- Nicole Lynn Lewis faced rejection and isolation as a teen mom with college dreams
- Now she helps other teenage parents beat the odds like she did and get their degrees
- Her nonprofit provides tuition assistance, mentoring and life skills training
- Do you know a hero? Nominations are open for 2014 CNN Heroes
If you met Nicole Lynn Lewis when she was in high school, you never would have thought "statistic."
Lewis was raised by college-educated parents. She was an honor student and the president of several clubs. She sang in a gospel choir. And her sister was a graduate student at Yale.
But Lewis' life was far from perfect.
"I grew up in an emotionally turbulent household," she said. "What was going on at home made me feel really uneasy and really insecure about my life. So I was looking for that security and stability in a relationship."
And then, at 18, she became pregnant with her daughter.
"When people found out I was pregnant, I was treated completely differently," Lewis said. "People stopped talking to me. I lost all of my friends. It didn't matter that I was an honor roll student, people pretty much wrote me off."
Lewis' mother even had doubts.
"I said, 'No matter what, in one year, I'm going to go to college.' And she looked at me and said, 'I don't think you're going to be able to do this,' " Lewis recalled.
Lewis went on to graduate with honors, earn a master's degree and do consulting work for nonprofits, all while raising her daughter. But she never forgot the uncertainty and isolation she felt in college, despite having great friends.
So in 2010, Lewis made it her mission to help other teenage parents become college graduates. Her Washington-based nonprofit, Generation Hope, provides tuition assistance, mentoring and life skills training to dozens of teen mothers attending area colleges.
"It's all about supporting our scholars in the ways that they need to be in order to succeed," said Lewis, now 34.
Fighting the stigma
For Lewis, it's about helping teen parents beat the odds.
Less than 2% of teen mothers finish college by 30, according to the National Campaign to Prevent Teen and Unplanned Pregnancy.
"It's easy to say that teens shouldn't get pregnant. But it's important to understand that a lot of the young people we work with have come from some very difficult living situations. They have absentee parents, are in abusive relationships. There are so many reasons," Lewis said. "We're not just dealing with sex-crazed teenagers here."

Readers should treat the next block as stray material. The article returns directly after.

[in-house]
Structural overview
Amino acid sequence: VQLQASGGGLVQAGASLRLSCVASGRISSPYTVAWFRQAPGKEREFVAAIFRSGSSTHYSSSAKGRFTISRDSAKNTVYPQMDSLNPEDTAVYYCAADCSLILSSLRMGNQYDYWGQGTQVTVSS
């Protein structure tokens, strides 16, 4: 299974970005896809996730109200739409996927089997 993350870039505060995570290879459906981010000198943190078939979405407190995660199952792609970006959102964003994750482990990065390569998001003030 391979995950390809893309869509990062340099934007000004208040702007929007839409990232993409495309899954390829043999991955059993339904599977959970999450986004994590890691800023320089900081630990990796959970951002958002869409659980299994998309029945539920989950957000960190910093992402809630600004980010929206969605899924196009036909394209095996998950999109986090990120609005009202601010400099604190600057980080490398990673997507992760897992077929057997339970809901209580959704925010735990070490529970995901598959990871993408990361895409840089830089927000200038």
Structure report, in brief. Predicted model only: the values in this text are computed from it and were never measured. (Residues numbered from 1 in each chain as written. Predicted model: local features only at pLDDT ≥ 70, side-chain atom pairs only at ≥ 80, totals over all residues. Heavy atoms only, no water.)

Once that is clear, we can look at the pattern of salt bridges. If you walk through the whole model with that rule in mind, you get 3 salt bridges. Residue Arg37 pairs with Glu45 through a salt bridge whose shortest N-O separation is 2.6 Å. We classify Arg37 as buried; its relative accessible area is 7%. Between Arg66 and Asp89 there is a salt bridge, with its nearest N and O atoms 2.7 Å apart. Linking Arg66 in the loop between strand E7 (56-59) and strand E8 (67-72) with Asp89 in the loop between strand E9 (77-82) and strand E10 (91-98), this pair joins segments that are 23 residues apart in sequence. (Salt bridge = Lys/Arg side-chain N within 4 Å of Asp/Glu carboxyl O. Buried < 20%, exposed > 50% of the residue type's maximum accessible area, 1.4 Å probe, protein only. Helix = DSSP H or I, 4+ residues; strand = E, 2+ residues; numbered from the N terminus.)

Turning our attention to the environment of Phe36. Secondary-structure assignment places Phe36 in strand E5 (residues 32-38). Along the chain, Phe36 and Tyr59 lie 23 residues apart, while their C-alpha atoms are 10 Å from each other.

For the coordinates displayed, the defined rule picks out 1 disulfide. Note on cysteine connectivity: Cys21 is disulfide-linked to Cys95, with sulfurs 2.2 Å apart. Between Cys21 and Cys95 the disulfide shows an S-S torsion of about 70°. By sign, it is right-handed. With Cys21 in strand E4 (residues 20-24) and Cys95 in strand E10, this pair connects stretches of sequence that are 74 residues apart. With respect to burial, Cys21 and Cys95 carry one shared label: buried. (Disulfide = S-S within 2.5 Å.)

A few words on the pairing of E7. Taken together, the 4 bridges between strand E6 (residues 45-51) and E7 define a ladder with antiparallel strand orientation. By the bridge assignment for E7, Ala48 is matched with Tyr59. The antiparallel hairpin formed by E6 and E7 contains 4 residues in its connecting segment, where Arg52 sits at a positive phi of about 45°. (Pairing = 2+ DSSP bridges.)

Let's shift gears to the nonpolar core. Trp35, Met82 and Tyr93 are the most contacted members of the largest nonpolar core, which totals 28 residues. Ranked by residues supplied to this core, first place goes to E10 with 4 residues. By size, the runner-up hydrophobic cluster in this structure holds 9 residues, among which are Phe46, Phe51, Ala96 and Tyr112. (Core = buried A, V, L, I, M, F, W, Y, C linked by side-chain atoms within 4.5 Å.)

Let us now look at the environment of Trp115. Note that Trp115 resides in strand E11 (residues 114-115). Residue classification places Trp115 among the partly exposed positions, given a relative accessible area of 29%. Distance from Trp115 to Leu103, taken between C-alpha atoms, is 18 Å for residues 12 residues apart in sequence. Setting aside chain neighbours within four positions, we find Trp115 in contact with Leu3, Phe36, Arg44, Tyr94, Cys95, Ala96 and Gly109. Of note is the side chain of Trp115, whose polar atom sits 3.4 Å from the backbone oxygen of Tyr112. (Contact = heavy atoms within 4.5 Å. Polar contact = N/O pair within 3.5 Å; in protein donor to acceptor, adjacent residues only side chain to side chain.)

It's also about helping to break the cycle of poverty that runs rampant in the community. Many of the students in Lewis' program are the first in their families to go to college. By empowering the mothers, Lewis says, they become role models for their children.
"Our scholars are some of the most ambitious, determined students you will meet. They completely fly in the face of the stereotypical teen mother," Lewis said. "I think that speaks to the tremendous potential that young parents have if we believe in them."
From statistic to 'Scholar'
Students apply to be "Generation Hope Scholars." Once accepted, they are paired with a mentor who provides advice, emotional guidance and up to $2,400 in financial assistance each year.
"It's someone who genuinely cares about you and your success, and that's what makes the difference," Lewis said. "We're a family, we really are."
It's that kind of commitment and sense of family Angeline Palmer found when she joined Generation Hope.
"We can talk to another scholar or a mentor or Nicole, who have gone through exactly what I've gone through and can directly relate," said Palmer, 23.
The single mother of two is studying chemistry at George Mason University. She plans to pursue a master's or doctoral degree in chemical education.
"Generation Hope has really helped me believe in myself," she said. "They prepare us to have the skills for the future, and we can pass those skills onto our kids."
Lewis and her group have also reached hundreds of high school students through college-readiness workshops, helping them realize that furthering their education is a viable option.
This year, Generation Hope plans on accepting teen fathers into the program.
"I'm motivated by the potential out there that's being untapped. The future doctors, lawyers, teachers who are just in need of someone who says, 'You can do it,' " Lewis said. "I want to be able to help each and every one of them achieve their own success."
Want to get involved? Check out the Generation Hope website at www.supportgenerationhope.org and see how to help.